As readers of this blog, we hope you have enjoyed coverage of events, profiles of newsmakers, and occasional glimpses into the life of an American family in Egypt. In most of what we write we strive to provide the context, for without this only incomplete images are conveyed, which may leave lasting misimpressions.
In support of the full picture, then, we are offering a free monthly newsletter to recap recent events and offer a preview of the month ahead. Here is a preview of the introduction and conclusion:
If February was a game of waiting, March in Egypt may see the wheels begin to turn. In which direction is both a matter of debate and of further waiting.
The primary wait continues. General Abdel Fattah al-Sisi, the defense minister and head of the army, still has not declared his intention to run for president. Of less note but perhaps crucial convergence, the interim president has still not issued the presidential elections law. This is expected in a matter of days and is already twice delayed, but perhaps Sisi is waiting until it is finalized.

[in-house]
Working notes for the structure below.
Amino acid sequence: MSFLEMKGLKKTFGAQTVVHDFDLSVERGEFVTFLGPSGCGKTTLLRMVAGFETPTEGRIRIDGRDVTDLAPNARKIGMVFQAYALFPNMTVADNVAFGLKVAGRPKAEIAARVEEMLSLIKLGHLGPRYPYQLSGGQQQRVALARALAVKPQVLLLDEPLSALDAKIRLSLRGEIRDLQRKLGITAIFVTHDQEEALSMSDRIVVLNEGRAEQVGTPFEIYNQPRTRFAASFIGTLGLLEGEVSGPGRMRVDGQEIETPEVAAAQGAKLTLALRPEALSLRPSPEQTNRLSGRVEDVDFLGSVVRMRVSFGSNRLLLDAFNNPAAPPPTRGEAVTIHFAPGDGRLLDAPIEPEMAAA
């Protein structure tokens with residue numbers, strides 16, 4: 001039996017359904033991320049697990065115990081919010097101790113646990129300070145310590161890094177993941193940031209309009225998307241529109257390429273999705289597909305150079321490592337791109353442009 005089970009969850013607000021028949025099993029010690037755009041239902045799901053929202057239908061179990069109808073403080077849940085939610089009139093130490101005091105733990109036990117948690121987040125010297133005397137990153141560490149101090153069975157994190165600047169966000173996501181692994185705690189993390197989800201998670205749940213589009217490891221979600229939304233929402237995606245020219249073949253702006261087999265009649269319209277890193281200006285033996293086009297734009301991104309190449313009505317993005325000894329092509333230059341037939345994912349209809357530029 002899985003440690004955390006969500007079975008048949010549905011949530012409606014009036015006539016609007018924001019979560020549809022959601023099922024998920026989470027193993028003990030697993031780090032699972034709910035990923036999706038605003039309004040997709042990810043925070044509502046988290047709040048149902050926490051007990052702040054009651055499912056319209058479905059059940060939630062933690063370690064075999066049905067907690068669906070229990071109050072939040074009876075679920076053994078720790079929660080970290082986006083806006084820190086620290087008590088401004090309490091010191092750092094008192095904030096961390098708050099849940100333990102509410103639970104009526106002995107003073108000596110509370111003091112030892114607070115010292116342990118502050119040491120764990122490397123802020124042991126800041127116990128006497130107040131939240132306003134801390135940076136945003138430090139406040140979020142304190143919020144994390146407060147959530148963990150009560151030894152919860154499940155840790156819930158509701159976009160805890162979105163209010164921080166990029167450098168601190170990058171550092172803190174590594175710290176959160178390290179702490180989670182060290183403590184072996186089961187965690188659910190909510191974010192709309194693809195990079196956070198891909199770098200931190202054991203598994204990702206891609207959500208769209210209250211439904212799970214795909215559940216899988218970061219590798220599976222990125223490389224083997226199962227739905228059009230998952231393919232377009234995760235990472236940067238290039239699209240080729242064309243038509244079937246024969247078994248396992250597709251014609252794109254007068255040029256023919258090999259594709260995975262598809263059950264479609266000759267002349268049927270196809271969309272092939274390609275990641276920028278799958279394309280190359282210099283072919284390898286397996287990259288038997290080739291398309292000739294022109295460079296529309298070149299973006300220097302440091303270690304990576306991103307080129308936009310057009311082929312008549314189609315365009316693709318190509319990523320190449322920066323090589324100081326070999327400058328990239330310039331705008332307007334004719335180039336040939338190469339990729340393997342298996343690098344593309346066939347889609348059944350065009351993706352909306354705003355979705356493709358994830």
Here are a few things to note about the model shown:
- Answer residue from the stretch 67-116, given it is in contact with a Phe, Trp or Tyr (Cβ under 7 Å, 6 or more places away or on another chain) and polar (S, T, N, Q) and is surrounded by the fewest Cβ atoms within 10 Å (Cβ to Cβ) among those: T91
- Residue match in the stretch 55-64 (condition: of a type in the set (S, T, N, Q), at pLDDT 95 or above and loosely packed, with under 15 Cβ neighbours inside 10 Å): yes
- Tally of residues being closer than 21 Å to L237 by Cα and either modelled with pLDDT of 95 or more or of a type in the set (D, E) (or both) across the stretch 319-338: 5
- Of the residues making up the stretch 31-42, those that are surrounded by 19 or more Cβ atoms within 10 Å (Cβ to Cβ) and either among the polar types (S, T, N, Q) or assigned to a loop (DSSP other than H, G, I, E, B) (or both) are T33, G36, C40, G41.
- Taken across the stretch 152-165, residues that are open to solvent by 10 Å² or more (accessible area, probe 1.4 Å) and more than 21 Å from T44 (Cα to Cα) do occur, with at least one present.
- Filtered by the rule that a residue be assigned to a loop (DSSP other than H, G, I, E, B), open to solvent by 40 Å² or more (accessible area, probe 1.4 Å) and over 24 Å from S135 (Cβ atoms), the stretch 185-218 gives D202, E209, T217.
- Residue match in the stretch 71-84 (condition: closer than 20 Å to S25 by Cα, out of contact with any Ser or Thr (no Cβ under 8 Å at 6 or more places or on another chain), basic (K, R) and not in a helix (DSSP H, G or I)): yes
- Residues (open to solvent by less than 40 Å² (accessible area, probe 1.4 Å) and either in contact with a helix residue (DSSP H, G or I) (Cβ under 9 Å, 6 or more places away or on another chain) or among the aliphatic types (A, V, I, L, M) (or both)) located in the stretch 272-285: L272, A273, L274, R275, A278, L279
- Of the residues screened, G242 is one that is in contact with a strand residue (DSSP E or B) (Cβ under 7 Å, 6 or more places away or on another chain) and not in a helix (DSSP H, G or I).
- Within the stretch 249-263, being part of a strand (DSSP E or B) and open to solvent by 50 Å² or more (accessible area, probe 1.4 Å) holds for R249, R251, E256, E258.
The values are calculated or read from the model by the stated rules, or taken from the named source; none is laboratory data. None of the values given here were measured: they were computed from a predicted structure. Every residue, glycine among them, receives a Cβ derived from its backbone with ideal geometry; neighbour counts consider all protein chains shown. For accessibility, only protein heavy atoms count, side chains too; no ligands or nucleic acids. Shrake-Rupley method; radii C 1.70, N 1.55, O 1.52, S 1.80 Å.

Also twice delayed has been the return of students to school, from kindergarten through university. Swine flu has killed a handful and is the official reason their vacation continues since mid-January. March 9 is the target return date, but speculation has been rife the closure is due to expected student protests, as the campuses had witnessed the most vibrant anti-regime demonstrations through the end of the mid-term season.
Pro-Morsi demonstrations on the whole, however, have been subsiding. To be sure they continue, but they are largely ignored by both domestic and international press. Lesser numbers may be due to fatigue, resignation, or simply the fact that thousands of their number have been arrested.
But both are involved in the fight against terrorism, which also is expected to continue in March. Having only targeted security forces, they have now switched to tourists. Also added are Egyptians abroad; Copts in Libya have been ruthlessly murdered. The general onus of accusation remains on the Muslim Brotherhood despite their denials, and judicial trials are continuing.
But just when things in Egypt appear quiet, something surprising is inevitably around the corner. If the wheels do actually begin to spin, perhaps this will be surprising enough.
If interested to receive the full newsletter tomorrow and subsequent issues around the first of each month, please click here. You can also sign up to receive a weekly summary of blog posts, and/or email delivery each time a new post is published.
Thank you for following along with our hopefully sympathetic analysis. We hope this offering will lead to better understanding and contribute positively to developments in Egypt, in however small a way.